For more than a dozen years, Chris Pendergast has been a prophetic voice attempting to raise human awareness of the need to invest more time, money and energy in honest research. Chris and many others believe that there is a cure for ALS, if only we are willing to invest the time and money in scientific research.
Ten years ago, Chris was determined to raise people's awareness regarding ALS. That passion and commitment gave birth to the annual Ride for Life. In the early years, participants started their journey at Yankee Stadium and rode wheelchairs to Washington, D.C. In recent times, ALS patients ride their electric wheelchairs for more than one hundred and fifty miles, from the historic Montauk Lighthouse on the tip of Long Island to the streets of Manhattan to raise funds to further raise ALS awareness.
On Monday, March 19, 2007, at Lombardi's on the Sound at the Port Jefferson Country Club, people gathered for the kickoff of the 10th Annual Ride for Life. The main dining room was filled with ALS patients in wheelchairs, their families, friends and supporters. Bud Harrelson, Senior Vice President for the Ducks and former shortstop for the New York Mets was the evening's emcee. The evening was generously hosted by the Lombardi family.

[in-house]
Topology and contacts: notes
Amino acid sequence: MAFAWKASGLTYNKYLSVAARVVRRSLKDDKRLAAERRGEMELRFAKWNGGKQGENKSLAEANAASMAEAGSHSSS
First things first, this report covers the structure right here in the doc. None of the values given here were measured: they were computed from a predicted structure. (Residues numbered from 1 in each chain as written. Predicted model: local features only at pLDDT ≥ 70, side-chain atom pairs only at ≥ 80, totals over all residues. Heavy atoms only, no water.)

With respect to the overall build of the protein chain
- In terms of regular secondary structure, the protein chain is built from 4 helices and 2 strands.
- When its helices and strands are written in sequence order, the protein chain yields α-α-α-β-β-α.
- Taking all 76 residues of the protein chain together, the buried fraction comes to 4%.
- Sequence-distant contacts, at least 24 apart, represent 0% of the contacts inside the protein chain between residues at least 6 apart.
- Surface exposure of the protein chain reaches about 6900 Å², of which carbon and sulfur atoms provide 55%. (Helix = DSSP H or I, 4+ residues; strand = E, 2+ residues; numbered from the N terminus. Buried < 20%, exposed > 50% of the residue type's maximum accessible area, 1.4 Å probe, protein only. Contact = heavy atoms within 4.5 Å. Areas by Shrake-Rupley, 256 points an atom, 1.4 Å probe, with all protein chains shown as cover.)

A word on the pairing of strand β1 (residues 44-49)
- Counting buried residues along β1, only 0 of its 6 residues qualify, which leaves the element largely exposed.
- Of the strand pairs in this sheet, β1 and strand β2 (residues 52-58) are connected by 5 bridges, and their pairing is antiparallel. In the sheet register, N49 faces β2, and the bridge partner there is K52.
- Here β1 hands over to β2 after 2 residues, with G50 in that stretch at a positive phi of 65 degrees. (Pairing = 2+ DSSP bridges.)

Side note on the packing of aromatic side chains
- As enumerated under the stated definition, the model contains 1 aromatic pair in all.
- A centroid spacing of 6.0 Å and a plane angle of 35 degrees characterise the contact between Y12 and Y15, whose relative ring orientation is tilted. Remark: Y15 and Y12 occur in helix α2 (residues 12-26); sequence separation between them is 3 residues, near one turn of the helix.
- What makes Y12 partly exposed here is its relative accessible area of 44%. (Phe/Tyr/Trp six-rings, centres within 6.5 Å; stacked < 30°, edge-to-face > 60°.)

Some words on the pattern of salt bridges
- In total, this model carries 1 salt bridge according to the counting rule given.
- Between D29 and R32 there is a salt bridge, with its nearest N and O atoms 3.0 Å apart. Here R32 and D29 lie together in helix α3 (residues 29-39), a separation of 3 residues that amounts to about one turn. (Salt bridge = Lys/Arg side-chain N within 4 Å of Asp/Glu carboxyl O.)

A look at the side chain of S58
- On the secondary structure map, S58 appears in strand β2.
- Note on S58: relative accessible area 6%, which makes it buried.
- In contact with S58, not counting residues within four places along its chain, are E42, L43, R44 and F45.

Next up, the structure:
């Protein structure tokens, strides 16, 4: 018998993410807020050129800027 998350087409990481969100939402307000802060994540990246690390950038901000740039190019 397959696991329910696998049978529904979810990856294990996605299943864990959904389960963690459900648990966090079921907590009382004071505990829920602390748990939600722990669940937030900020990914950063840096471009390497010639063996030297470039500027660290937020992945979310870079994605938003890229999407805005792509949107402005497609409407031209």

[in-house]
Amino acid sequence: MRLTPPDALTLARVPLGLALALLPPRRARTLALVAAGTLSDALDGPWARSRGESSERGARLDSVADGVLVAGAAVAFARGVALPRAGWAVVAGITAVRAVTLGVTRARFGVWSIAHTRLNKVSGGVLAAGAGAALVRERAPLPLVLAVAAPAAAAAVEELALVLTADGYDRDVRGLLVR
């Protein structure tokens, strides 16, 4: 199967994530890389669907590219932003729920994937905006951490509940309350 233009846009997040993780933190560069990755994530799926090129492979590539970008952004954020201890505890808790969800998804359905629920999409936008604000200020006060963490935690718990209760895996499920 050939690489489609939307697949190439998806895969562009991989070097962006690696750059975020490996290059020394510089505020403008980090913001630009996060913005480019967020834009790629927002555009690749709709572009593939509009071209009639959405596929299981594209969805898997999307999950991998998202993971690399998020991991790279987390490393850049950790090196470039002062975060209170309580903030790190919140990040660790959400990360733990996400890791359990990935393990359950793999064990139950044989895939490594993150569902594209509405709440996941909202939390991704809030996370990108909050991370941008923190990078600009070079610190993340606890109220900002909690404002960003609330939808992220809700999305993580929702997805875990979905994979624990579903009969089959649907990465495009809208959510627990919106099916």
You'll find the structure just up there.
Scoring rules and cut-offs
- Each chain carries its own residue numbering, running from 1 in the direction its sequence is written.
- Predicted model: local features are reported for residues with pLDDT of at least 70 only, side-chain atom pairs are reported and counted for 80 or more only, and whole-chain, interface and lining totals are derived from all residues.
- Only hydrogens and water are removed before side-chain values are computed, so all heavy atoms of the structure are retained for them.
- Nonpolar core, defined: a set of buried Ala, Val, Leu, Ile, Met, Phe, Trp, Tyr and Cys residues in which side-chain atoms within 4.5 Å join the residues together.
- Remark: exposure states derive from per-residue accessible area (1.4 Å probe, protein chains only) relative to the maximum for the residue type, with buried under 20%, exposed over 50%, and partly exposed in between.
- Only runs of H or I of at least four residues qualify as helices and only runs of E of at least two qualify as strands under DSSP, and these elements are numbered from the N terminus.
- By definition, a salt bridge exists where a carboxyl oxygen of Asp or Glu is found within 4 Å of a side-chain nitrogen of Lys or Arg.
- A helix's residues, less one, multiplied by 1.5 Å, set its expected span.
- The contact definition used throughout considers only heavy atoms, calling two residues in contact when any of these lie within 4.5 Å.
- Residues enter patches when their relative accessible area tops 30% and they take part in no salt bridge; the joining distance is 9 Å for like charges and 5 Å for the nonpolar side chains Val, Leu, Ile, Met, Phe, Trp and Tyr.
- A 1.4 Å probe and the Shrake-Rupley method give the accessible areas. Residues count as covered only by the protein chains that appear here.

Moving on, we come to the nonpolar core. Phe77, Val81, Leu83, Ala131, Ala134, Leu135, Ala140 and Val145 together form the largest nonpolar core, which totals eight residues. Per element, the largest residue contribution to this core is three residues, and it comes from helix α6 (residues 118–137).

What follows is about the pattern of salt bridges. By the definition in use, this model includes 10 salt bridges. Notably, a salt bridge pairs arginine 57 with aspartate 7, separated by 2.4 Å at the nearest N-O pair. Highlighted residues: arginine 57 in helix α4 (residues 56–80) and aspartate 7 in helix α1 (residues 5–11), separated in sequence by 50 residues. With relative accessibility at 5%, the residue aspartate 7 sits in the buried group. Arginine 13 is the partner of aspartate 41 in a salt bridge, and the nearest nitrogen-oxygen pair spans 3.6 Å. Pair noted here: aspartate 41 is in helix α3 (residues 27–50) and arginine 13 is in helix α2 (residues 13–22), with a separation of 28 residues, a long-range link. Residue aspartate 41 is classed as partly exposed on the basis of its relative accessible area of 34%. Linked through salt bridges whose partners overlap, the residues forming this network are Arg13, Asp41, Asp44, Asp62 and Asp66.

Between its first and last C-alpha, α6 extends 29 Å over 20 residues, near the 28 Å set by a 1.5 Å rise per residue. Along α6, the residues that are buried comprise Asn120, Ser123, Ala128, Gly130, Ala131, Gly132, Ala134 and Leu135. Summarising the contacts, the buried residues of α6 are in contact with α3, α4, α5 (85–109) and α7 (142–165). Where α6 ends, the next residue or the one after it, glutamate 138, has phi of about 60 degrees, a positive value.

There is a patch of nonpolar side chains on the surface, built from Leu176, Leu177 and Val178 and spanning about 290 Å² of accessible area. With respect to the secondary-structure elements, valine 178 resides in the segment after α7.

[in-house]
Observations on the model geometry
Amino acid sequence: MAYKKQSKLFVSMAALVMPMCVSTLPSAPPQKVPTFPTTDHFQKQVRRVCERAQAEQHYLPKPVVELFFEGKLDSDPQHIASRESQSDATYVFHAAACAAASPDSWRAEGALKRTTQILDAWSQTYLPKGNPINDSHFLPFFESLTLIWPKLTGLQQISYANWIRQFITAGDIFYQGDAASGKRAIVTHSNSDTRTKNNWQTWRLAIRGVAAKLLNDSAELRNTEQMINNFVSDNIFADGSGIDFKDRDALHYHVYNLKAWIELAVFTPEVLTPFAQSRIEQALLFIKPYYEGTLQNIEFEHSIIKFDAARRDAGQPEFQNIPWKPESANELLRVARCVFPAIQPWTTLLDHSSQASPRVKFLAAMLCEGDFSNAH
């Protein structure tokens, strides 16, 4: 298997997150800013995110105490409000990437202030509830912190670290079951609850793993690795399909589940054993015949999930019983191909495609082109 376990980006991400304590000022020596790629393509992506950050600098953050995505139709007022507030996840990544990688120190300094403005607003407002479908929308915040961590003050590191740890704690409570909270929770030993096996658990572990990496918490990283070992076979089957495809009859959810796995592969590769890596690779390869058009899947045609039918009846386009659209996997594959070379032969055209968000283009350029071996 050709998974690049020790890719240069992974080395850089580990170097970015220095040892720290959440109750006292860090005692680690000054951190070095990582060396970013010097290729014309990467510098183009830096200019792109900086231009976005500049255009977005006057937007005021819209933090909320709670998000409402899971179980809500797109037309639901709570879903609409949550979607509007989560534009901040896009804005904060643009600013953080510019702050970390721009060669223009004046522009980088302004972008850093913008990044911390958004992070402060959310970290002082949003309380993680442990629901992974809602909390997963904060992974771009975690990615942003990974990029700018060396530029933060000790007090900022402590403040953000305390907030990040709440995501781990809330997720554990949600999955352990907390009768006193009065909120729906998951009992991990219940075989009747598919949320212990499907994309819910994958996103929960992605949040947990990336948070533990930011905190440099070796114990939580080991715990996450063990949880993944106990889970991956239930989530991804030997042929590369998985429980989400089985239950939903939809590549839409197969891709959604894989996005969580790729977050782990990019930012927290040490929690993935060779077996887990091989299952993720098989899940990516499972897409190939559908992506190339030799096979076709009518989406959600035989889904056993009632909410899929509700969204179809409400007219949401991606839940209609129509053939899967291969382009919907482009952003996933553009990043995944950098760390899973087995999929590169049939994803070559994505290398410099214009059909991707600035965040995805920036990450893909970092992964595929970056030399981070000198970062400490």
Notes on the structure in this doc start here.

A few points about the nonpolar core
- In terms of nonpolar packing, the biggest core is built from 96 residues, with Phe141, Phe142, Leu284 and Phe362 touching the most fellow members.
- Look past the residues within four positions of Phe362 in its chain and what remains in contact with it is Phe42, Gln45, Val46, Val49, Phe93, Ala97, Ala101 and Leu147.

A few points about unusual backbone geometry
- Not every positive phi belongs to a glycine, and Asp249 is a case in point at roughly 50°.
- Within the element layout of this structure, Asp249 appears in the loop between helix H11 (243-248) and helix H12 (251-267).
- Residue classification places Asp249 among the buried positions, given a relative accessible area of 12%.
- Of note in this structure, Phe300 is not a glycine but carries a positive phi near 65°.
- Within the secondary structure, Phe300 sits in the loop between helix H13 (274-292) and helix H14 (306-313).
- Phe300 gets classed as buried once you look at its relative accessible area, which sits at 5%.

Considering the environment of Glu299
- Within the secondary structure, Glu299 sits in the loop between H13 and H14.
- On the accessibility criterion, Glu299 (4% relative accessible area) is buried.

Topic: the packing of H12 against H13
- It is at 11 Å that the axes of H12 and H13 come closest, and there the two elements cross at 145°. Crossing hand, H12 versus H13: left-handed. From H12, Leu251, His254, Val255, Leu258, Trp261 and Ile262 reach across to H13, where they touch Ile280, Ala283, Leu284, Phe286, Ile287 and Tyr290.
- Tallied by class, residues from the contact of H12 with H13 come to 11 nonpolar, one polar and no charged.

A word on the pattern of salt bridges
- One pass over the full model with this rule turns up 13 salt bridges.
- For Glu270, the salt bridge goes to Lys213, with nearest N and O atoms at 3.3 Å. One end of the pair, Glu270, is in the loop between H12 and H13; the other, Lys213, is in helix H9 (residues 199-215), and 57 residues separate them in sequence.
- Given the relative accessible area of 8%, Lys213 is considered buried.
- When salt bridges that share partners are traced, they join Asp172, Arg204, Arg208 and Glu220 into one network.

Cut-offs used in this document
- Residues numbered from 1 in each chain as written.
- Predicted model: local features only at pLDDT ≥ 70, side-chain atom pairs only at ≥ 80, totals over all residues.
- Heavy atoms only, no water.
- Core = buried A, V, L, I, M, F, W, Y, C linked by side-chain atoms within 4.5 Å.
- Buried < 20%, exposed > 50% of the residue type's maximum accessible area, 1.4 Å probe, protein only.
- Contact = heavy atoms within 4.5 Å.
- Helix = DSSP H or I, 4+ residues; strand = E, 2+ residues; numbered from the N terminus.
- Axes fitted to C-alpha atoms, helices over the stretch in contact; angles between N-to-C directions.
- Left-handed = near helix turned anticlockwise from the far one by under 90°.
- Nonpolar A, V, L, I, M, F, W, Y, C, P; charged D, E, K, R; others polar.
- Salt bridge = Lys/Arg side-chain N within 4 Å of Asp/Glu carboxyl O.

After everyone shared hors d'oeurves, drinks and dessert, the formal program began. Each year, the formal program begins with a moving slide presentation to a powerful song. This year's song was Josh Groban's "You Raise Me Up." The mood that was created was powerful. The presentation touched every heart that was present. It challenged you to take pause and really think about your life. You could not help but appreciate your own gift of life and give thanks for your blessings. Everyone was profoundly moved by those among us who were embracing painful challenges that are overwhelming.
The evening ended with everyone taking a lighted candle. We were invited to remember all those that have gone before us prematurely because of ALS and to be mindful of those among us courageously battling ALS. We were reminded as we held our lighted candles that night, that the world is brighter and richer because of those courageous men and women who meet each day with courage and the willingness to continue the journey and fight for a cure.
As a darkened room grew bright with a multitude of candles, a brilliant voice closed the evening with a powerful rendition of the Alabama song "Angels Among Us." In between the first verse and refrain, those with ALS, most of whom were in wheelchairs, were invited to the front. The image of those courageous men and women sitting before us with their lighted tapers, reminding us by their woundedness that there is hope for a cure, left an indelible mark on each of us.